In simple terms, political advertising is the use of publicity campaigns carried out in newspapers, on television and on the radio, to influence the political decisions of various groups of people. During presidential campaigns, all candidates try to use advertising to their advantage, and the stakes are especially high in swing states, where a solid ad campaign can win over large numbers of voters.
The current candidates for the upcoming US presidential elections are waging a fearsome ad war in swing states, where president Obama is overwhelming his Republican opponent with a torrent of TV ads. The 9 key states that the two candidates will be trying to win over during the coming weeks are Colorado, Florida, Iowa, Nevada, Ohio, New Hampshire, North Carolina, Virginia and Wisconsin.
Obama has launched no less than 230,000 ads since the beginning of the year, surpassing Mitt Romney's performance two-fold. Obama's campaigners have invested heavily in swing states, with the current president having more ads than his opponent in all 9 states but one, Wisconsin, where Romney had 561 more ads than Obama. Ohio, however, currently shows the greatest disparity between the two candidates, in terms of advertising campaigns. Romney has 17,000 ads in Ohio, while Obama has an impressive 51,000 ads, three times as many as his opponent.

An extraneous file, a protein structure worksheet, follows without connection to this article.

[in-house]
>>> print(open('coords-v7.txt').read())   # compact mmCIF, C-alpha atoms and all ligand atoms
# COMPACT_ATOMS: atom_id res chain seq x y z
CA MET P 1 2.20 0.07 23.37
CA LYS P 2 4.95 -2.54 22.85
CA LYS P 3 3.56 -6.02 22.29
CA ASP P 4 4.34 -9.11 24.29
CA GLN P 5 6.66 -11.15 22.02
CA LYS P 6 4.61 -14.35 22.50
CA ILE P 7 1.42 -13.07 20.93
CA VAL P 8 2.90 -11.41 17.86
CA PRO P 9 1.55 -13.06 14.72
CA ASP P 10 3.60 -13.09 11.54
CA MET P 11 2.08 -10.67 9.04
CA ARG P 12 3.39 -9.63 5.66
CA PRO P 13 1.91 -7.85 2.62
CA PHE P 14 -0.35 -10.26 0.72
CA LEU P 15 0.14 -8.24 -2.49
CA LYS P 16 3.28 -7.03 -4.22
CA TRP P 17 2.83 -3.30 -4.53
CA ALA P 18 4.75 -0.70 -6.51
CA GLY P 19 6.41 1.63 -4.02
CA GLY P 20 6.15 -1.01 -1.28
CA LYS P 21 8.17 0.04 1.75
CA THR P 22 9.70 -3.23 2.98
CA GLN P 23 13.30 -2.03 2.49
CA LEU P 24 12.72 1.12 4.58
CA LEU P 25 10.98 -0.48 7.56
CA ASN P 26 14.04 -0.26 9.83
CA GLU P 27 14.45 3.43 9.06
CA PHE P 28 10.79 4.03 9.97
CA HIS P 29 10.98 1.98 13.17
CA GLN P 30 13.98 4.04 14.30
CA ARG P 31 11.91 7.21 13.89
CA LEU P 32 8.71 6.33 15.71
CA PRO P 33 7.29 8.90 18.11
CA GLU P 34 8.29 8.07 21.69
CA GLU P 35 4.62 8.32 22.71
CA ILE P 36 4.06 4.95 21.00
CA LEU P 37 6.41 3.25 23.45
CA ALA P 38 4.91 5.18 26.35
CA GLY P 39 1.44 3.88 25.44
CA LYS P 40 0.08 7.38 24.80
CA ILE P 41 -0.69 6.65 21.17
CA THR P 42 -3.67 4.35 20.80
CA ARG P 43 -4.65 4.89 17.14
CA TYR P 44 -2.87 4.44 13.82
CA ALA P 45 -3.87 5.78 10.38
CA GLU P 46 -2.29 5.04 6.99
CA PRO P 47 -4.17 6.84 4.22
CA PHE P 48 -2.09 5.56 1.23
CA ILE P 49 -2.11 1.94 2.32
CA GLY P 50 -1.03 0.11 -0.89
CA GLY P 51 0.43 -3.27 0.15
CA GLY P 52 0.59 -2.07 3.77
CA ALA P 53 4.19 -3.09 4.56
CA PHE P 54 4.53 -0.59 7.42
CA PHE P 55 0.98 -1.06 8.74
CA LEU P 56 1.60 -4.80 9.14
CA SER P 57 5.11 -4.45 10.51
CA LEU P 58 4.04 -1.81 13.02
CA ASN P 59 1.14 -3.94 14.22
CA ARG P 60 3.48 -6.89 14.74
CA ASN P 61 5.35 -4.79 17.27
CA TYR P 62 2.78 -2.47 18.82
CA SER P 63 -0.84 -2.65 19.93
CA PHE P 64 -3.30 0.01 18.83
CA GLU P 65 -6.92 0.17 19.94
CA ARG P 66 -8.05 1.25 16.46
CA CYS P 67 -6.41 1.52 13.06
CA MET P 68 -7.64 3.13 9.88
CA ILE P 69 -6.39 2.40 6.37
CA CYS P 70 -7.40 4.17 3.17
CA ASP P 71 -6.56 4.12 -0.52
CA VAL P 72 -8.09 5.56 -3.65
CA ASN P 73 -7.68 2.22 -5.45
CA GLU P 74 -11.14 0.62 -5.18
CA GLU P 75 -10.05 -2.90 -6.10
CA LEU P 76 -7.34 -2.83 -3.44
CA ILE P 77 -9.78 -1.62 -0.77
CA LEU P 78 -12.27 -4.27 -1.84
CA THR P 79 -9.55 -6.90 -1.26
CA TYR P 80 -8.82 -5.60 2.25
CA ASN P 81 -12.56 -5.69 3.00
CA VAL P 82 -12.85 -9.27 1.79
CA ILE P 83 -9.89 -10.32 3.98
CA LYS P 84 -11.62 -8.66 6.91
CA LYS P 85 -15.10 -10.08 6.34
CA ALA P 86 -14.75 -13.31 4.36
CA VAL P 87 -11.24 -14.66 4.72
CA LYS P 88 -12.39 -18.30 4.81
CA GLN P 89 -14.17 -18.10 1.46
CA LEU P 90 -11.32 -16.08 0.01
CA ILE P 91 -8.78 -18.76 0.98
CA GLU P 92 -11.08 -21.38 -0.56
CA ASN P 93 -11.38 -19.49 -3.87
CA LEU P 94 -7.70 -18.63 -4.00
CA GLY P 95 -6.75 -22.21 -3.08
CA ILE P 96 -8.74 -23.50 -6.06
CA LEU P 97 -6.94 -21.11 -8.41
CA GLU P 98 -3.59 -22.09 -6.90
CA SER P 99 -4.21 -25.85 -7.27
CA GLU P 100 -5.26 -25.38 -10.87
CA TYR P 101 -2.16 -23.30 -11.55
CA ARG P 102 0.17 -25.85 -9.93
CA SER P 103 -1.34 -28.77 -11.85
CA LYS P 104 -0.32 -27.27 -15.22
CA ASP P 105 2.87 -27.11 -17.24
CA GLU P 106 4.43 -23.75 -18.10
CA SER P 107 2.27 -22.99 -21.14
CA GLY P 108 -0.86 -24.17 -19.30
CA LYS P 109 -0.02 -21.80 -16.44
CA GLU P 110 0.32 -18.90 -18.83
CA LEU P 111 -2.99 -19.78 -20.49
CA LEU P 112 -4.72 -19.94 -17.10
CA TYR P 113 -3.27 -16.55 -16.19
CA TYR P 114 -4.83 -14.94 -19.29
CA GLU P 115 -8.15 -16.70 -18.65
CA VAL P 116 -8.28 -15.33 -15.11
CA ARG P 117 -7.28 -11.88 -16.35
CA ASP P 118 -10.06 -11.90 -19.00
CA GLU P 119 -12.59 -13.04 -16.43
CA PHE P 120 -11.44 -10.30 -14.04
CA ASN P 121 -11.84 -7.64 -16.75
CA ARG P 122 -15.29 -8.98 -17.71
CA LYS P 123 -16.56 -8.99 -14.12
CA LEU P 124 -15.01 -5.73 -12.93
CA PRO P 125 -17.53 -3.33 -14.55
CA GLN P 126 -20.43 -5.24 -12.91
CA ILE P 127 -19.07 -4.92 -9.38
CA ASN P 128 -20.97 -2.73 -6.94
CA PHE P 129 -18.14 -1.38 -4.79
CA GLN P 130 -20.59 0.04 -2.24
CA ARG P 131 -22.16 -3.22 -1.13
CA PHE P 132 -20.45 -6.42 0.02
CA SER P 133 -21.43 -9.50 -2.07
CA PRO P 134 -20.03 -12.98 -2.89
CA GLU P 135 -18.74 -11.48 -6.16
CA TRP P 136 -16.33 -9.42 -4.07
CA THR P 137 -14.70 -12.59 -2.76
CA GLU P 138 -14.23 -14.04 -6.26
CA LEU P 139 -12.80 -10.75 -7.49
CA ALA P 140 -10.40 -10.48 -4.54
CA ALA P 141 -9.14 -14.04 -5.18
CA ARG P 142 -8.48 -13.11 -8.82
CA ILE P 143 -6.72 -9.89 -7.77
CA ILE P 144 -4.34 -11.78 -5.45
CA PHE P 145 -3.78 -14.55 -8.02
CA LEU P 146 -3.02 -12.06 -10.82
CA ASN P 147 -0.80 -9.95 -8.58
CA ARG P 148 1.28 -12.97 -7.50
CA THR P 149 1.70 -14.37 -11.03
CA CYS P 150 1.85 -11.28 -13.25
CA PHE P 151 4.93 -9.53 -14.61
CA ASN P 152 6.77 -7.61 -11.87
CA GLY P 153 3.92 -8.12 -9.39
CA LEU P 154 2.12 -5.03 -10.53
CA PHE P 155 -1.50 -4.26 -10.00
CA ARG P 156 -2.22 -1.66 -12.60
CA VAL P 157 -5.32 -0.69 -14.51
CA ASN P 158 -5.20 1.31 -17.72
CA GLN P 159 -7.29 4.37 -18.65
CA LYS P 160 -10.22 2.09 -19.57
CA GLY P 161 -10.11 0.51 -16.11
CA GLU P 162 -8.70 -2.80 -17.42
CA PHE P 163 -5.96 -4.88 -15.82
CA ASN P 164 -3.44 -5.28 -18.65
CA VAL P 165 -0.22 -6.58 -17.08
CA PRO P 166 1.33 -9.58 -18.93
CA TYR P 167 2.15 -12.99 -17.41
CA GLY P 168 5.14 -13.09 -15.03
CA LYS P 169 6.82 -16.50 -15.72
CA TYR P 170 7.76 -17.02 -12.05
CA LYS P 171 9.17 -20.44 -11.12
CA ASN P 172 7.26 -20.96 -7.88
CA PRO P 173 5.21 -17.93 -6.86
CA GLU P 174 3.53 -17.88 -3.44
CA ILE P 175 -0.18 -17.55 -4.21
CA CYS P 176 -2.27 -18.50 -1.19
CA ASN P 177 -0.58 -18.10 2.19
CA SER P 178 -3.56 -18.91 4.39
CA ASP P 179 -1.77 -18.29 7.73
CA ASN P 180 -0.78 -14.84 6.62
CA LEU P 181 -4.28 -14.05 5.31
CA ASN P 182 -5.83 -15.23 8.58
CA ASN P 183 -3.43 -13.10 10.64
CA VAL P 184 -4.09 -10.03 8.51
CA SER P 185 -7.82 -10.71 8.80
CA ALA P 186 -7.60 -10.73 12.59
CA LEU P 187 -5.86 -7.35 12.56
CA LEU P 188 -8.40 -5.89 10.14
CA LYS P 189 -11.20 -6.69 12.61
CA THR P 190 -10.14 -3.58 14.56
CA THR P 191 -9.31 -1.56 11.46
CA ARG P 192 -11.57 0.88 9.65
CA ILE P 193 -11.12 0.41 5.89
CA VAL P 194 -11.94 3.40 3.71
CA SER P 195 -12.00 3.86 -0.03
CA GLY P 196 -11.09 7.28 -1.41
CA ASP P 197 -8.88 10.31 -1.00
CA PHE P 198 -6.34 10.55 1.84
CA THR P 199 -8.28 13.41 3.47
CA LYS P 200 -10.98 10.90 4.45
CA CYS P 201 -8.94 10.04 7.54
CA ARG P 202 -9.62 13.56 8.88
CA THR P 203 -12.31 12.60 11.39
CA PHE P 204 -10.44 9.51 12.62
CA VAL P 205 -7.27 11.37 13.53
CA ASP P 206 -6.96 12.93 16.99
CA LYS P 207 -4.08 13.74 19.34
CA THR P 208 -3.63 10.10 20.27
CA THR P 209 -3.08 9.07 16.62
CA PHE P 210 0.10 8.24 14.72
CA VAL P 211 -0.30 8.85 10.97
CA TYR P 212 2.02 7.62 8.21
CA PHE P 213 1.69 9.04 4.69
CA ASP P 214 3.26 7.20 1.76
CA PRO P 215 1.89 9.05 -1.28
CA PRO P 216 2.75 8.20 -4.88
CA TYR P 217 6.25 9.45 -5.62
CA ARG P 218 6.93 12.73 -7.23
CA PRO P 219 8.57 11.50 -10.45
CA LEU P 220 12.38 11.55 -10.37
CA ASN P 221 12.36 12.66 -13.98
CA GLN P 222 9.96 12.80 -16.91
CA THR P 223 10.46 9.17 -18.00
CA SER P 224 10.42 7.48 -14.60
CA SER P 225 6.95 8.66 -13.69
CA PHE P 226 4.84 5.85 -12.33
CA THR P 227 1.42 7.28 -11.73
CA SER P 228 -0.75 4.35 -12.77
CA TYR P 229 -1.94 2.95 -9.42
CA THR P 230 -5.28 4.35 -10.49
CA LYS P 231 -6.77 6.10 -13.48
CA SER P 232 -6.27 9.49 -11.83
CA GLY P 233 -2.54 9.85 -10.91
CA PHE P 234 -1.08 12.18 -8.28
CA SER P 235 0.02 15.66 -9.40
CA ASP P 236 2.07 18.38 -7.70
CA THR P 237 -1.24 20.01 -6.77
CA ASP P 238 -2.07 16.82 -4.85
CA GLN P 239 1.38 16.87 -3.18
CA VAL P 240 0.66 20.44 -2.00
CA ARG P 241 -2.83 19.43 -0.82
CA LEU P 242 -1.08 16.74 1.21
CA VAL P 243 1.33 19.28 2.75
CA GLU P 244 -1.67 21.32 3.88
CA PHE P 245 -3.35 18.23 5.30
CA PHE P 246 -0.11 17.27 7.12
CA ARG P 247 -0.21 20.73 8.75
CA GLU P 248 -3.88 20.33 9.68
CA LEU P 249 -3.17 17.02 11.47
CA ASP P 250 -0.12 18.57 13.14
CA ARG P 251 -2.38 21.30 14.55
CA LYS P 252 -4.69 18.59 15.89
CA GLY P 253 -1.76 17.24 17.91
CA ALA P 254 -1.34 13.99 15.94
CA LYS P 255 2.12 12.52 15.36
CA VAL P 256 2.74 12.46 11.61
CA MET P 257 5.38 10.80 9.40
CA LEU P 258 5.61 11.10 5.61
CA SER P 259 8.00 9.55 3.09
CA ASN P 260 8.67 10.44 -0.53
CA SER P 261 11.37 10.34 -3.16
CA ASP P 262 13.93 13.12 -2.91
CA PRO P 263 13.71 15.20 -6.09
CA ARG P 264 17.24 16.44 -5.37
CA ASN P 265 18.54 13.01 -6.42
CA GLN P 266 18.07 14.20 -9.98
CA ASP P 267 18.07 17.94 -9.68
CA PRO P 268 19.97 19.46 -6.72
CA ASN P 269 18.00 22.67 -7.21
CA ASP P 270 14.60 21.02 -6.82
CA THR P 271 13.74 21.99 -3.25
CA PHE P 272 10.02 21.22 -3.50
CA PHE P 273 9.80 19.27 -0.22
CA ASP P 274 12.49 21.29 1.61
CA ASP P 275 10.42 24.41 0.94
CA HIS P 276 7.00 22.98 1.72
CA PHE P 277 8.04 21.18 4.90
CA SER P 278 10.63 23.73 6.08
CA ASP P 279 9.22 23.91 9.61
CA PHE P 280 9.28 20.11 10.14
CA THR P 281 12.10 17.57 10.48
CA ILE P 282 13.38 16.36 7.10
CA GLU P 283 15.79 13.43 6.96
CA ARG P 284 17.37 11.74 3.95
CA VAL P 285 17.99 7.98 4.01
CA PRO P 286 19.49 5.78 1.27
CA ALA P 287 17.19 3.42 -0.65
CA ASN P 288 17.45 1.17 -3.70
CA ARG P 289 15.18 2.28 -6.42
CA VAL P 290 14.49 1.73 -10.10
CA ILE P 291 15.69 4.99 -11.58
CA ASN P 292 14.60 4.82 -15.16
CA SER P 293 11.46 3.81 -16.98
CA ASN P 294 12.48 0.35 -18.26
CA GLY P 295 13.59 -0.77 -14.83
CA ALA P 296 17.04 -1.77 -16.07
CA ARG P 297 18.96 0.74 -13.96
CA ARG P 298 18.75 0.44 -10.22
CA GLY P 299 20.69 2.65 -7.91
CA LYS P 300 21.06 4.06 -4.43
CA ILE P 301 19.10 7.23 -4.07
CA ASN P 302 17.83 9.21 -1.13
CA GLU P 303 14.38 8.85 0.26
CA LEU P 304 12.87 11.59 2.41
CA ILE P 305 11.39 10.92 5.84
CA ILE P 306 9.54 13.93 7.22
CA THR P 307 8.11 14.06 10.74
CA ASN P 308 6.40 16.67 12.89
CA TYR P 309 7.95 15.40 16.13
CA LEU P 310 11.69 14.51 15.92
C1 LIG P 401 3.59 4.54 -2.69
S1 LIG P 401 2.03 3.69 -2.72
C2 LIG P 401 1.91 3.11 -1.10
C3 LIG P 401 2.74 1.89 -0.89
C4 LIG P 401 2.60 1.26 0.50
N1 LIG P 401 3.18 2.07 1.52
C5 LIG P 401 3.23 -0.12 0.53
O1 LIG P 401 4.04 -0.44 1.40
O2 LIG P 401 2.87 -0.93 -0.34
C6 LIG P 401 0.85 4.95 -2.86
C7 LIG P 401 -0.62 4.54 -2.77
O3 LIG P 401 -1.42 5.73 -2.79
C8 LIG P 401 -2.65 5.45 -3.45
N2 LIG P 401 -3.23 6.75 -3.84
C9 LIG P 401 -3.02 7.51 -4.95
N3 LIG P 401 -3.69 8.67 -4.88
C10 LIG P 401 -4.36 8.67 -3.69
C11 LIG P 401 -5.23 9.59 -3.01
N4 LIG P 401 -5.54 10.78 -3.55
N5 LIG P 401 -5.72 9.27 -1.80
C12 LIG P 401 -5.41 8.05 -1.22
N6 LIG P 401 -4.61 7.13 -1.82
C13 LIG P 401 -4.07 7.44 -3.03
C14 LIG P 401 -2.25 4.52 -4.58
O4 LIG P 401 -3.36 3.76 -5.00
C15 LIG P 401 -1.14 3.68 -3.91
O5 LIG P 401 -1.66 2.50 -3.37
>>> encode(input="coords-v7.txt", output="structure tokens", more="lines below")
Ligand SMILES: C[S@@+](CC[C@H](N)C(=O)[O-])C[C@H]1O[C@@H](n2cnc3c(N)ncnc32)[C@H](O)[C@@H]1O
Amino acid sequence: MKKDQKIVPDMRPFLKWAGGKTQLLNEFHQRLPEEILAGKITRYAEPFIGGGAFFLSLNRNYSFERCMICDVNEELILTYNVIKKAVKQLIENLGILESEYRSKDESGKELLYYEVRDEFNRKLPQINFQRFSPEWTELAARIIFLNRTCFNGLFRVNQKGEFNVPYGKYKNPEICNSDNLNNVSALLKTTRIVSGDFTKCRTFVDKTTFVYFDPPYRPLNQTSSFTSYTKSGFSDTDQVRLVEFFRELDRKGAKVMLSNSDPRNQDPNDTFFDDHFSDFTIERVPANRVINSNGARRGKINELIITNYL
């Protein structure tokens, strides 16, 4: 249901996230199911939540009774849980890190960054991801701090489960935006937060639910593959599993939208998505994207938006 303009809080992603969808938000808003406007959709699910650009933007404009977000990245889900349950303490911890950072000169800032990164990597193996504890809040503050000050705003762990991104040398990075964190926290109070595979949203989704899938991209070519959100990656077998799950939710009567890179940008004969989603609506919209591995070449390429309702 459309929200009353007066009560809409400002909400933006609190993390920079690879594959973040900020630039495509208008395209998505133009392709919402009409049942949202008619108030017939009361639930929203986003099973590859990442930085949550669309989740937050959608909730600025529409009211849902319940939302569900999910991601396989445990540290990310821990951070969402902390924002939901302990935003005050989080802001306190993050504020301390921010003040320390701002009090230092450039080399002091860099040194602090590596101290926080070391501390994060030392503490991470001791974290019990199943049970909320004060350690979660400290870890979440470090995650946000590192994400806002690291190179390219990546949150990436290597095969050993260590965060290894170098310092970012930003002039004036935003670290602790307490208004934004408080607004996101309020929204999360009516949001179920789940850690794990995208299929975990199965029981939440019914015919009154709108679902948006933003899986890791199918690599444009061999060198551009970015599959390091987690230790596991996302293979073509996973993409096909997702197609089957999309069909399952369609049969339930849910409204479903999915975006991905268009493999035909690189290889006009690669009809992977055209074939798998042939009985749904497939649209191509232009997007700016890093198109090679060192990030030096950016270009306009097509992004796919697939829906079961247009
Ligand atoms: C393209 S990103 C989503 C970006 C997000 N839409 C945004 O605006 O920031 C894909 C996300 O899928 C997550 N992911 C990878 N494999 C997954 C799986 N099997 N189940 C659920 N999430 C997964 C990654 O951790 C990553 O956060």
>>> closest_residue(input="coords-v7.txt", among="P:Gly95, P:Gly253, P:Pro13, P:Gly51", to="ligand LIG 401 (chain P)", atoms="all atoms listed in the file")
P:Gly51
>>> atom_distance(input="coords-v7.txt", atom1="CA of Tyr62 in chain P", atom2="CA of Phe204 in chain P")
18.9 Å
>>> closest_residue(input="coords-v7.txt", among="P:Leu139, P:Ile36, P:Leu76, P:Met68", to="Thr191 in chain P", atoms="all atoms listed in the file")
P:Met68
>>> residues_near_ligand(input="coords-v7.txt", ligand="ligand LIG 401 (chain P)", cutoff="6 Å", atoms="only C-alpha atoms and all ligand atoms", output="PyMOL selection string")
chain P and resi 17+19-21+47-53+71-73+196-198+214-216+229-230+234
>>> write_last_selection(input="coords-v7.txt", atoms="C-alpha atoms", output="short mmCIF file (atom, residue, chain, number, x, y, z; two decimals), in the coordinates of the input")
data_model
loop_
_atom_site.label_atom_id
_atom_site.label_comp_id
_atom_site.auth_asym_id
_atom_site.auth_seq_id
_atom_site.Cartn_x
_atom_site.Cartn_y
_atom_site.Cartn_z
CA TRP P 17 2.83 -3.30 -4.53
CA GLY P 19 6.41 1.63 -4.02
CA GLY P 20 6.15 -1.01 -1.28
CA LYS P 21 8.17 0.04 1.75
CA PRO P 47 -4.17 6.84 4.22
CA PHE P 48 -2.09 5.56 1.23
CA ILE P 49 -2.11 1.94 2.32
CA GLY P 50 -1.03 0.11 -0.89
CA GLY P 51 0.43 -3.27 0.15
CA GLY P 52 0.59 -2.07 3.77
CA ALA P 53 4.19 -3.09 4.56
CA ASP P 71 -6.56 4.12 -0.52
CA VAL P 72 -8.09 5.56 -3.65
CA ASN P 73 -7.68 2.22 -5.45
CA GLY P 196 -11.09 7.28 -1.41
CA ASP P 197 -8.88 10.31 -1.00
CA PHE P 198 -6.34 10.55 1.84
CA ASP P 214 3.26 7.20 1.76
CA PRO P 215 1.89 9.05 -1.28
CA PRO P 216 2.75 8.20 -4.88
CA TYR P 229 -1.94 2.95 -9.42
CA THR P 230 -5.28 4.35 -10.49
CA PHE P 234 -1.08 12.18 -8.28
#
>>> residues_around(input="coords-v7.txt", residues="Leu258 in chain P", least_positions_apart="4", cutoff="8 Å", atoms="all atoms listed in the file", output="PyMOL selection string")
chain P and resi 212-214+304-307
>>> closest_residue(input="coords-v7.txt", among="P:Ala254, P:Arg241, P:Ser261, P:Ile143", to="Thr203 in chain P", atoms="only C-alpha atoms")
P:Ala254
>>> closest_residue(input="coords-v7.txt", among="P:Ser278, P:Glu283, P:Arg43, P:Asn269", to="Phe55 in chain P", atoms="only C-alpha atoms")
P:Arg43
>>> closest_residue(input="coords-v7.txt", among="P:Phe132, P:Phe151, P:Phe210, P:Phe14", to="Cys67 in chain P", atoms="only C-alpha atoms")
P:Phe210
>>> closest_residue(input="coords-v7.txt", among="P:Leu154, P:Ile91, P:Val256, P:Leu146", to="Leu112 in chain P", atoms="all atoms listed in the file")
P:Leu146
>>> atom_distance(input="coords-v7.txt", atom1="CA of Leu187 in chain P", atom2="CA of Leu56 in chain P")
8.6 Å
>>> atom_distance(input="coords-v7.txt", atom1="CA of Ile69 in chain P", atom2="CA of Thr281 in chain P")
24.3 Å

Aside from influencing voting decisions, political advertising also serves as an information source for the public. Voters can learn about the candidates' stances on a number of issues, which helps influence preferences. Recent studies have have shown that voters are heavily influenced by the type of ad they are exposed to, and that televised ads, in which the candidate addresses the voters directly, are most efficient.
Presidential candidates use both positive and negative advertising to consolidate their campaigns. Negative ads (or attack ads) seek to undermine the credibility of the opponent by pointing out weaknesses or contradictions in their political stance. Impact studies have revealed that negative ads tend to be better remembered by the public than positive ads.